When relaxation appears within the mind the frontal lobes feel heavy, when softness arises in the mind all cognitive mental activity ceases, including thinking, and experience of content peace arises within the mind.
You asked: "I thought the "softening breath" was the big deep belly/ribs/chest then let all go on the out breath. But then you used this term for the unregulated gentle breath. So I feel confused about that."
My Reply: The 'Softening Breath' is not just a big breath in and out, it is developed from gross to subtle.
1. Learning to breathe with the diaphragm.
2. Learning to 'borrow' the relaxation of the deflation of the out-breath to relax the body.
3. Learning to 'borrow' the relaxation of the deflation of the out-breath through the nose to relax the mind.
4. Learning to soften the mind.
You asked: "...when my attention wanders from my feeling of sitting there and breathing naturally, you instruct me to take a deep softening breath to bring me back into my body. We have been using this breath to let go/relax. Im not sure how to use this breath to do that...."
My Reply: When your attention wanders from the experience of sitting towards thinking, this is a habitual movement within your mind. This habit of thinking contains a relationship of interest towards the story within the thoughts. By taking an intentional, gentle softening breath at this stage and relaxing mentally the relationship towards the thoughts is dissolved and you can then bring your awareness to the experience of 'sitting' or whatever meditation object you are using at this time.
The skill of Softening is not separate from our meditation practice, we use softening in many ways:
1. When you notice you are distracted, acknowledge it and soften.
2. When you notice that you are stress breathing, acknowledge it and soften.
3. When you notice that you are attracted or averse towards an experience, notice it and soften.
4. When you want to strengthen positive qualities such as loving kindness, then soften into the feeling.
6/52: Natural Breathing
7/52: Experiencing Breathing
8/52: Developing Breathing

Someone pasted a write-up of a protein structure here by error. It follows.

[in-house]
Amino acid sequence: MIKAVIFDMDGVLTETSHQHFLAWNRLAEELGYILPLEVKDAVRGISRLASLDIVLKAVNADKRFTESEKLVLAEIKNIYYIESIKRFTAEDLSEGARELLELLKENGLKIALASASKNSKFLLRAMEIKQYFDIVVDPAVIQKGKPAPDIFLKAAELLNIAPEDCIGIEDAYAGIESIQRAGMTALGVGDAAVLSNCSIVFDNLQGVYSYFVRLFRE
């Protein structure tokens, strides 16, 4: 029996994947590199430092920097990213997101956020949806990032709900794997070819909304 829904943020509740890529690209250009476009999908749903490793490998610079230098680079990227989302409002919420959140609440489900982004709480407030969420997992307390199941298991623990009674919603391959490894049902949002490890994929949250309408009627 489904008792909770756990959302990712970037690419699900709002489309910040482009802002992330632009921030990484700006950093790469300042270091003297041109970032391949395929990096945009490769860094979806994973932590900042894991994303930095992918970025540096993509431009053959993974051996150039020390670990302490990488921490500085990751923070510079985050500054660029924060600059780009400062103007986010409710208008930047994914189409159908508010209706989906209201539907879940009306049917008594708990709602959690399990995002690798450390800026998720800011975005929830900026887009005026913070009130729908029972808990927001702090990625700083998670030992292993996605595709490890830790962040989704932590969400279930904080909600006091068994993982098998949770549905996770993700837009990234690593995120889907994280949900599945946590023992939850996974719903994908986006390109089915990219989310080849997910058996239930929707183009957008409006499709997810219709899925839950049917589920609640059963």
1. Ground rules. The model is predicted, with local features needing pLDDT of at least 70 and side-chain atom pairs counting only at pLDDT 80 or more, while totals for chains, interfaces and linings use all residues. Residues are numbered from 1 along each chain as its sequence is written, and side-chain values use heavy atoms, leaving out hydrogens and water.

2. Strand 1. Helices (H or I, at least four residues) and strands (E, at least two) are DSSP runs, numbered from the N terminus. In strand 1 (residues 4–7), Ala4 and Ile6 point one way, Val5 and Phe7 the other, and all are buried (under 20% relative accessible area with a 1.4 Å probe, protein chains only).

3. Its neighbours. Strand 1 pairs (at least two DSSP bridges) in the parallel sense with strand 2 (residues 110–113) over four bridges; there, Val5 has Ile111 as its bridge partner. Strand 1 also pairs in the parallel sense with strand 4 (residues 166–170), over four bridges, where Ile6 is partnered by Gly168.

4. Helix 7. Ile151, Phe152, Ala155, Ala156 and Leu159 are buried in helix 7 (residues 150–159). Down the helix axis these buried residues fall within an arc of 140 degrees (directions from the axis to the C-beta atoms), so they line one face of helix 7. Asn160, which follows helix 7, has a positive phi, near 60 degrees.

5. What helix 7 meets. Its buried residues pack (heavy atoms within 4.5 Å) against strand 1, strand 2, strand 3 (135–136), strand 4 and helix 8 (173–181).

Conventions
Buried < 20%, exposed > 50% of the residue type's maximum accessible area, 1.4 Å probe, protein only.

9/52: Deepening Breathing
10/52: Expanding Breathing
MENU QUESTIONS 11 - 15
Your Question: I have been practicing Meditation 6/52 and am really enjoying it. However, I definitely notice tension that you say is a result of effort and doing as opposed to just letting the breath happen naturally. I try “softening” into that control, but I don’t know if I am doing it effectively. I essentially just take a deep, slow belly breath, and on the out breath I try quietly sighing while intending to relax. Should I be doing something differently? How will I know if I am practicing softening correctly?
You said “...I definitely notice tension that you say is a result of effort and doing as opposed to just letting the breath happen naturally...”
Wonderful, this training is designed to allow you to observe the habitual tendency towards control within your mind. We are using the breath to observe the mind. Breathing can happen autonomously, regulated by the brain or it can be over-ridden by an intention within the mind. For example you can allow your breathing to happen naturally or you can intentionally take a deep breath in and out now. We are using this characteristic of breathing as a way of observing and deconditioning the tendency of habitual control within the mind.
You said “...I try “softening” into that control, but I don’t know if I am doing it effectively. I essentially just take a deep, slow belly breath, and on the out breath I try quietly sighing while intending to relax....”
When we learn the softening skill we initially take deep, slow belly breaths, this is like the training wheels on our bicycle. As we refine our softening skill in MIDL 5/52 this skill becomes much more subtle until the breath control is hardly perceivable at all.
All you have to do in this training is to slowly breathe out through your nose then relax and wait, whenever you notice your mind interfering with the breathing. You do not need to take deep breath in and out, just a gentle breath out, relax and wait for the brain to produce a signal to breathe in again. The breath will then draw in by itself, its experience will be different to the controlled breath. If you experience fear at the end of the out-breath then this is where you soften that fear. You do this by learning to give up the effort of the fear, the effort of the fight.
What is also interesting is that when the natural breath occurs, controlled by the brain, the diaphragm engages in that breath. This is what we see in stress breathing, the mind out of fear has taken over control of the breath, disengages the diaphragm causing anxiety to arise.